The latest edition of joint naval exercises between India and the United States in the Bay of Bengal from Oct 14 to 19 involved Japan for the first time in eight years, carrying repercussions for Asian security.
Japan is expected to henceforth join the drills, codenamed Malabar, not as a guest but as a permanent participant. Its impending promotion to an integral part of this annual showcasing of naval inter-operability advances trilateral strategic coordination with India and the US. It reflects a new Asia-Pacific strategic landscape. For the Japanese Maritime Self Defence Force (JMSDF), entering the Malabar drills on a full-time basis brings benefits of capacity-building as it tries to fulfil the enlarged role envisaged by Prime Minister Shinzo Abe for his military. Transitioning from a defensive and minimalist navy into a proactive one cannot be accomplished unless the JMSDF is exposed to what Malabar's organisers label as "complex high-end warfighting" experiences.
Some observers have attributed Japan's upcoming admission into Malabar's institutional architecture to US persuasion of India. But given Indian Prime Minister Narendra Modi's conviction about Japan's centrality to India's rise, he scarcely needs coaxing by Washington to let the JMSDF in as a permanent fixture of the Malabar war games.
The evolution of India's position on who is "in" and "out" of these multilateral naval engagements explains much about the changing nature of its diplomacy and force posturing. In 2007, when Japan, Australia and Singapore first joined the Malabar war games through India's invitation, China issued a robust diplomatic protest against it as a manoeuvre by the US' allies and friends to gang up and contain China's ascent. Beijing's peevish reaction worried New Delhi and forced the latter to reduce the multinational character of Malabar in subsequent iterations. The cautious Indian establishment of that time decided against military moves of a scale and dimension that could anger China and disturb peace and tranquillity between Asia's two biggest nations.
But Indian deference to Chinese preferences started shifting in response to three transforming strategic realities, viz a blossoming partnership between New Delhi and Tokyo, New Delhi's ambition to shape the Indo-Pacific maritime order, and Beijing's eschewing of previous restraints to strong-arm neighbours over territorial and natural resource disputes in the East China and South China seas.
One outstanding success story that Indian diplomats boast of in the last half decade is the nurturing of a special bond with Japan. For both economic and geopolitical reasons, New Delhi and Tokyo have grown into bosom friends. The warmth and trust between Mr Modi and Mr Abe are unparalleled and indicate that these formerly distanced Asian powers now see nothing but convergence.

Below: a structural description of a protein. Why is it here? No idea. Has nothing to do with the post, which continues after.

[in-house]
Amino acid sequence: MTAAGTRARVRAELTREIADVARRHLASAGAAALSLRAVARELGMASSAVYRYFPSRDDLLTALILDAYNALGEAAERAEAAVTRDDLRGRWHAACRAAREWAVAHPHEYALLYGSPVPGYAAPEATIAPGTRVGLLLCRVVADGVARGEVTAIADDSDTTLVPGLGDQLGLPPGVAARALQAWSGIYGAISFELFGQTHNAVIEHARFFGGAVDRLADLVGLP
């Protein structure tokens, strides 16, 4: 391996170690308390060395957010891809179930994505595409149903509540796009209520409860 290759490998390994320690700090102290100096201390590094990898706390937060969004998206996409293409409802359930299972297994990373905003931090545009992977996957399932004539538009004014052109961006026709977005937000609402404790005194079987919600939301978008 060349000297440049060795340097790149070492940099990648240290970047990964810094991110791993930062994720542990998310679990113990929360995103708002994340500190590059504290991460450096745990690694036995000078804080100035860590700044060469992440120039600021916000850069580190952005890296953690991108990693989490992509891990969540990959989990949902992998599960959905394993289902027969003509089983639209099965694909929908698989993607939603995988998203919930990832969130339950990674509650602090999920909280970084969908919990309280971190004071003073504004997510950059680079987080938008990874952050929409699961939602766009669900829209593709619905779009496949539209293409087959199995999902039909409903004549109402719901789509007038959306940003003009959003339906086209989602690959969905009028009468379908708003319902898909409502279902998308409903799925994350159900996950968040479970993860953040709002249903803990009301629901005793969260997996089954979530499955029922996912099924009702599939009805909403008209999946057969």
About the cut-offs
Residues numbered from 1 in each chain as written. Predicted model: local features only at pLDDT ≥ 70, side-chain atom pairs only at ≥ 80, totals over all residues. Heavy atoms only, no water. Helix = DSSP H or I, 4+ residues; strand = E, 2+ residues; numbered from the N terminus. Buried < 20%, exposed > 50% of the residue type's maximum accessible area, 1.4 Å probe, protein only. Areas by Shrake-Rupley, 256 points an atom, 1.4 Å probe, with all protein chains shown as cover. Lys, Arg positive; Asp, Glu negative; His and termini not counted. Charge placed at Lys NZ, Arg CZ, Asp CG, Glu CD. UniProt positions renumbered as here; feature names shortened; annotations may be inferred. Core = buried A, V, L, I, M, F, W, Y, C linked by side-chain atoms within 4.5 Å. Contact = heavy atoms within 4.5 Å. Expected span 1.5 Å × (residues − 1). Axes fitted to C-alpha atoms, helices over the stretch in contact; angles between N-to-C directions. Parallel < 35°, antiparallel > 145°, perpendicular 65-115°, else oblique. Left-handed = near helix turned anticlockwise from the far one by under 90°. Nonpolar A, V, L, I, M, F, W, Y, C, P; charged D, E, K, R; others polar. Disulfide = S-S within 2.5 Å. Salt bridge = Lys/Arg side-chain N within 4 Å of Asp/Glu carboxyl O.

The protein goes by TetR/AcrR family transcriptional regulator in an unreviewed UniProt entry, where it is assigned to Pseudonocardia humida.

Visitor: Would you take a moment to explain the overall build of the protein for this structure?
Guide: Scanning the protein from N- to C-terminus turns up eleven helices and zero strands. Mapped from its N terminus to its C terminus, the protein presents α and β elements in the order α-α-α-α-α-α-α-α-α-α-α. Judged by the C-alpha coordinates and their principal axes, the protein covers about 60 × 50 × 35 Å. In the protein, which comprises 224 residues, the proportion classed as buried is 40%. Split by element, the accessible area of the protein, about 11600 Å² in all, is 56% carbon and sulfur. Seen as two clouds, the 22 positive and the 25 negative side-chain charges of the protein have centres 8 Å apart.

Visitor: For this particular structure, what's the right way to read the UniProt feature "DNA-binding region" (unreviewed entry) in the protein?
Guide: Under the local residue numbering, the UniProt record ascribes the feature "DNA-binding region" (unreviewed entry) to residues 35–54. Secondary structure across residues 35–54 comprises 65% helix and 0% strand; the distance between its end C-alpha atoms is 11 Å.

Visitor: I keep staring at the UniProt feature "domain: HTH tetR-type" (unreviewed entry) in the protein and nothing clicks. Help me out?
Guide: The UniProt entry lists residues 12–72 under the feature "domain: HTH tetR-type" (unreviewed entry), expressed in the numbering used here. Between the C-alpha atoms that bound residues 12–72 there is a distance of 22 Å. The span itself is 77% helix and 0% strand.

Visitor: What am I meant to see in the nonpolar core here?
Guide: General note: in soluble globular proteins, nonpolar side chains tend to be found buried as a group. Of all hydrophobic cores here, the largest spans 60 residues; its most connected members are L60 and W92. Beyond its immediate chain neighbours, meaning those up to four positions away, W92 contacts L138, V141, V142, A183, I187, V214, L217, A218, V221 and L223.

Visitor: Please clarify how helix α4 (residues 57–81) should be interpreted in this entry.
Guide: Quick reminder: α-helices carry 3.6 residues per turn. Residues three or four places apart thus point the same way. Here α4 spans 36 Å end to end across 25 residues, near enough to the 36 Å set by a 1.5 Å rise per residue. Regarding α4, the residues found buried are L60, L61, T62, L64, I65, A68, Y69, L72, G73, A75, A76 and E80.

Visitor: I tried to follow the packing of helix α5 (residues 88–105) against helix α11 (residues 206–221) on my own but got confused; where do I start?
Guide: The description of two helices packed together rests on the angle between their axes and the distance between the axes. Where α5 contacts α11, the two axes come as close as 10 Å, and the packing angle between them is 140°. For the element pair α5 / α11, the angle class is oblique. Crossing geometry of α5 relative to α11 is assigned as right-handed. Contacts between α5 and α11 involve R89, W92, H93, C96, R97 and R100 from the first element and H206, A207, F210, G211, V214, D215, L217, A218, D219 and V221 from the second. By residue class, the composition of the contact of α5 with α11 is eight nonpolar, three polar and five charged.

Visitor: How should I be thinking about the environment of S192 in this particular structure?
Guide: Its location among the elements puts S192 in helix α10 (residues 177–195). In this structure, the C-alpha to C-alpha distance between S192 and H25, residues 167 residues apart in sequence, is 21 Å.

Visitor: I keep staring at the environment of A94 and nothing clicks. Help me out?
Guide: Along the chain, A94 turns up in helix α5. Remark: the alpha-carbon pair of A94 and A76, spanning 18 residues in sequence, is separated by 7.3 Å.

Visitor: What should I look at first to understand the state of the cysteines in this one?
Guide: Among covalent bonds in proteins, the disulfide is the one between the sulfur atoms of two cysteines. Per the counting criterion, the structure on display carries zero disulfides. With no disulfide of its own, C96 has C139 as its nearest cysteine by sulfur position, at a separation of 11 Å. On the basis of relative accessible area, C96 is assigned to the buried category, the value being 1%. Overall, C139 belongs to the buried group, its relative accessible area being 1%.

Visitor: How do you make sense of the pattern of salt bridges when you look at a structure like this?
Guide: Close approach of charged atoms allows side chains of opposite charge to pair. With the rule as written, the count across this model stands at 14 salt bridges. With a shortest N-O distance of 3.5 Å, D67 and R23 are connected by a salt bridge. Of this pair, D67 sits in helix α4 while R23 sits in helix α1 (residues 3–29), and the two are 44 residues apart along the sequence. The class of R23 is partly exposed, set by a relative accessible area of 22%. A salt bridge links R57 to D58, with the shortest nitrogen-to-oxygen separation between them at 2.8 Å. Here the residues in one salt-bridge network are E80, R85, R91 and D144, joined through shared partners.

Mr Modi's muscular approach rests on a nationalistic "India first" geostrategy that is not obsequious to Chinese or, for that matter, American wishes. He dreams of India setting the terms and rules of the Indo-Pacific theatre rather than bending to external pressures.
If foreign policy is a psychological play of national will and determination, Mr Modi seems to be succeeding. It is noteworthy that Beijing's response to this year's Malabar drills has been less livid than was the case earlier when Japan used to be an occasional invitee to these exercises. Not even the prospect that Japan is henceforth going to be a permanent third leg of Malabar has caused much panic in Beijing.
Has China realised it cannot compel Mr Modi and reconciled to respecting India's choices on its maritime security? China's state-owned Global Times has issued the standard warning that "India should be vigilant to any intentions of roping it into an anti-China camp". But it also concedes that India "has stuck to independent foreign policies and never wants to be part of any coalition to contain China".
For all the heralding of a "natural alliance" between India and the US to counter China, the Indian navy has never signed up for the US-commanded Combined Maritime Forces (CMF), a multinational naval grouping of 30 countries. Unlike Japan, which is a treaty ally of the US and a core member of CMF, India believes in maintaining independence from American-designed endeavours that ultimately serve US interests. So, India's presence as the lead initiator of Malabar gives some assurance to China that a trilateral US-Japan-India formation is not aimed squarely and entirely at it.
Last month, India, Japan and the US held their first Trilateral Ministerial dialogue and highlighted common goals of protecting "freedom of navigation" and upholding the "importance of international law", while explicitly mentioning the South China Sea. The message was unmistakably directed at Beijing. Yet, India's avoidance of formal alliance with the US and its parallel interest in managing its rivalry with China leaves room for creative trilateralism in Asia. New Delhi's "multi-vectored diplomacy" can afford to push back against Beijing's regional encroachment without having to yoke itself to an American agenda.
•The writer is a professor and dean at the Jindal School of International Affairs in Sonipat, India